A Lamorinda student was directly affected by this policy. He organized and completed his Eagle Award, however was denied his official Eagle Scout award because he is gay. This shocked Tennant; it was so close to his community, in a troop just down the road from his.

“[This] was shocking to me. I thought ‘what kind of group did I join?’ I could not believe it. I wondered if maybe I had made a mistake. I called a special parents meeting and I said ‘I’m trying to figure out what to do, did I join the wrong group?’ Everyone agreed with me, and they thought the policy should be changed,” Tennant said. “I called the 17 other troops in the Lamorinda area and 12 of them thought it should change. Five thought it shouldn’t change. There was a pattern to which troops thought that the policy should stay; all five were charted by Christian churches, and all the others were charted by local organizations.”

The Lamorinda council decided to take action. Tennant went to the District Office of the Lamorinda Council and asked what could be done to provide awareness about the cause. It became clear that it was a national issue; even if Lamorinda’s council disagreed with the policy, they could not abolish the rule for their region.

“I’m very proud to say our council is the first in the country to step out against the national policy and say ‘This needs to change, and it doesn’t work for us in this community,’” Tennant said.  This perseverance started a motion of other Boy Scout troops. “They came out with that announcement about two months ago, and since then, several other councils like St. Paul, LA and others have come out and said that this needs to change. It really happened right there in the back of Miramonte. We are at ground zero for this whole Boy Scout thing, and a lot of people don’t realize it.”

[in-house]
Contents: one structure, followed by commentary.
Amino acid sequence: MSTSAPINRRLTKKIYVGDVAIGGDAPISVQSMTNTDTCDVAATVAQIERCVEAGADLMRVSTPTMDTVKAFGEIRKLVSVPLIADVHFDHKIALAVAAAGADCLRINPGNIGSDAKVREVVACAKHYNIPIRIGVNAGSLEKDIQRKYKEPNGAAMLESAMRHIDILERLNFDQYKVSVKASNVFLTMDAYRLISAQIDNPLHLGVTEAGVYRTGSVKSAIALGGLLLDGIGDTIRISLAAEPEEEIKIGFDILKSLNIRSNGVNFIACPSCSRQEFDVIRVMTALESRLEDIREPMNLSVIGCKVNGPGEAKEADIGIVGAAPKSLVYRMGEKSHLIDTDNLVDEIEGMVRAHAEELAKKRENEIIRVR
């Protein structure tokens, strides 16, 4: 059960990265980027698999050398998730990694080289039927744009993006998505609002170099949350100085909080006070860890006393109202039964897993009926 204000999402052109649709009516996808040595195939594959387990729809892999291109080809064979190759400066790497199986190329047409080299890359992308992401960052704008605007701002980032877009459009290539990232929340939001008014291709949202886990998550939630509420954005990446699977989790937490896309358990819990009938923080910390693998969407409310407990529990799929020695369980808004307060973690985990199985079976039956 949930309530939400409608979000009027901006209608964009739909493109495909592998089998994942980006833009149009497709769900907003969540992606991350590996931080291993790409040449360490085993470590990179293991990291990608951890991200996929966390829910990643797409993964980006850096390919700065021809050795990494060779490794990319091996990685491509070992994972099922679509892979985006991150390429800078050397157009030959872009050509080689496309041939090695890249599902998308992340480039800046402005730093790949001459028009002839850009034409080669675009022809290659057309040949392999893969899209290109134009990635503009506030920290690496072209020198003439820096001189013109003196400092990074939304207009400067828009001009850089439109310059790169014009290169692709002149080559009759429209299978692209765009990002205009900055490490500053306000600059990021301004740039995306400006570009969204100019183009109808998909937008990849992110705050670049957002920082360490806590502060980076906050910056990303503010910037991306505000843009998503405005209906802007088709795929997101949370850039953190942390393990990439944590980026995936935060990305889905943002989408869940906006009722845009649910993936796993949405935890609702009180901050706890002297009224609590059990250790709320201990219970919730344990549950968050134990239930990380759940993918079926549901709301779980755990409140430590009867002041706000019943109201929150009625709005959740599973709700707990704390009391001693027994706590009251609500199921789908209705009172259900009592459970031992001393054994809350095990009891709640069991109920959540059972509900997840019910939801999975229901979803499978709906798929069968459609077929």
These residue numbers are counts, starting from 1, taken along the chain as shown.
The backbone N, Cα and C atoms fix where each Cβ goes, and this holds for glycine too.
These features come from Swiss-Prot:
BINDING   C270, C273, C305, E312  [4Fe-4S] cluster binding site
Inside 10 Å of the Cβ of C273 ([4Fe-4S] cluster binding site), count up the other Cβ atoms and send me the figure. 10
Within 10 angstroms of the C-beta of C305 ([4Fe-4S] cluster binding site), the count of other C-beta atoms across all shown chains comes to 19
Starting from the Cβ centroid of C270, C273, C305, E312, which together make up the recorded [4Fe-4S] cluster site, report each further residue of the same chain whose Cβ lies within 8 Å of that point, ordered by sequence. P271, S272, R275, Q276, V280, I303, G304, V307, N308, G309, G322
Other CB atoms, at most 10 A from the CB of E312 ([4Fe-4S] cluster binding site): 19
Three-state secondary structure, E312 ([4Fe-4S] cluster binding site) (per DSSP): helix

The verdict passed will revoke the law that gay Boy Scouts cannot participate in scouting. However, this verdict still excludes Scoutmasters and volunteers. “It’s a very intolerant policy that’s hostile towards a lot of people, and it causes huge amounts of psychological damage for individuals and the community,” junior Chris Tennant said.

 

This issue does not only affect the gay youth and the leaders of the scouting community; it affects all members of the scouting community.

Tennant wanted it to be clear that just because he is straight it does not mean that this is not important to him and other Scouts.

Recently, troop 57 held a rally in San Fransisco about this policy, and their desire to change it. “The purpose of the rally was to generate more media coverage for this issue and let people know that there’s a lot of people who want to change this discriminatory policy,” Tennant said.

Several Miramonte Scouts in the troop attended the rally. McFeely was one of them: “I talked about how the Boy Scouts shouldn’t be putting extra pressure on kids who think they might be gay, and about how the Boy Scouts of America is a really great organization and the discriminatory policy is really just hurting them,” McFeely said.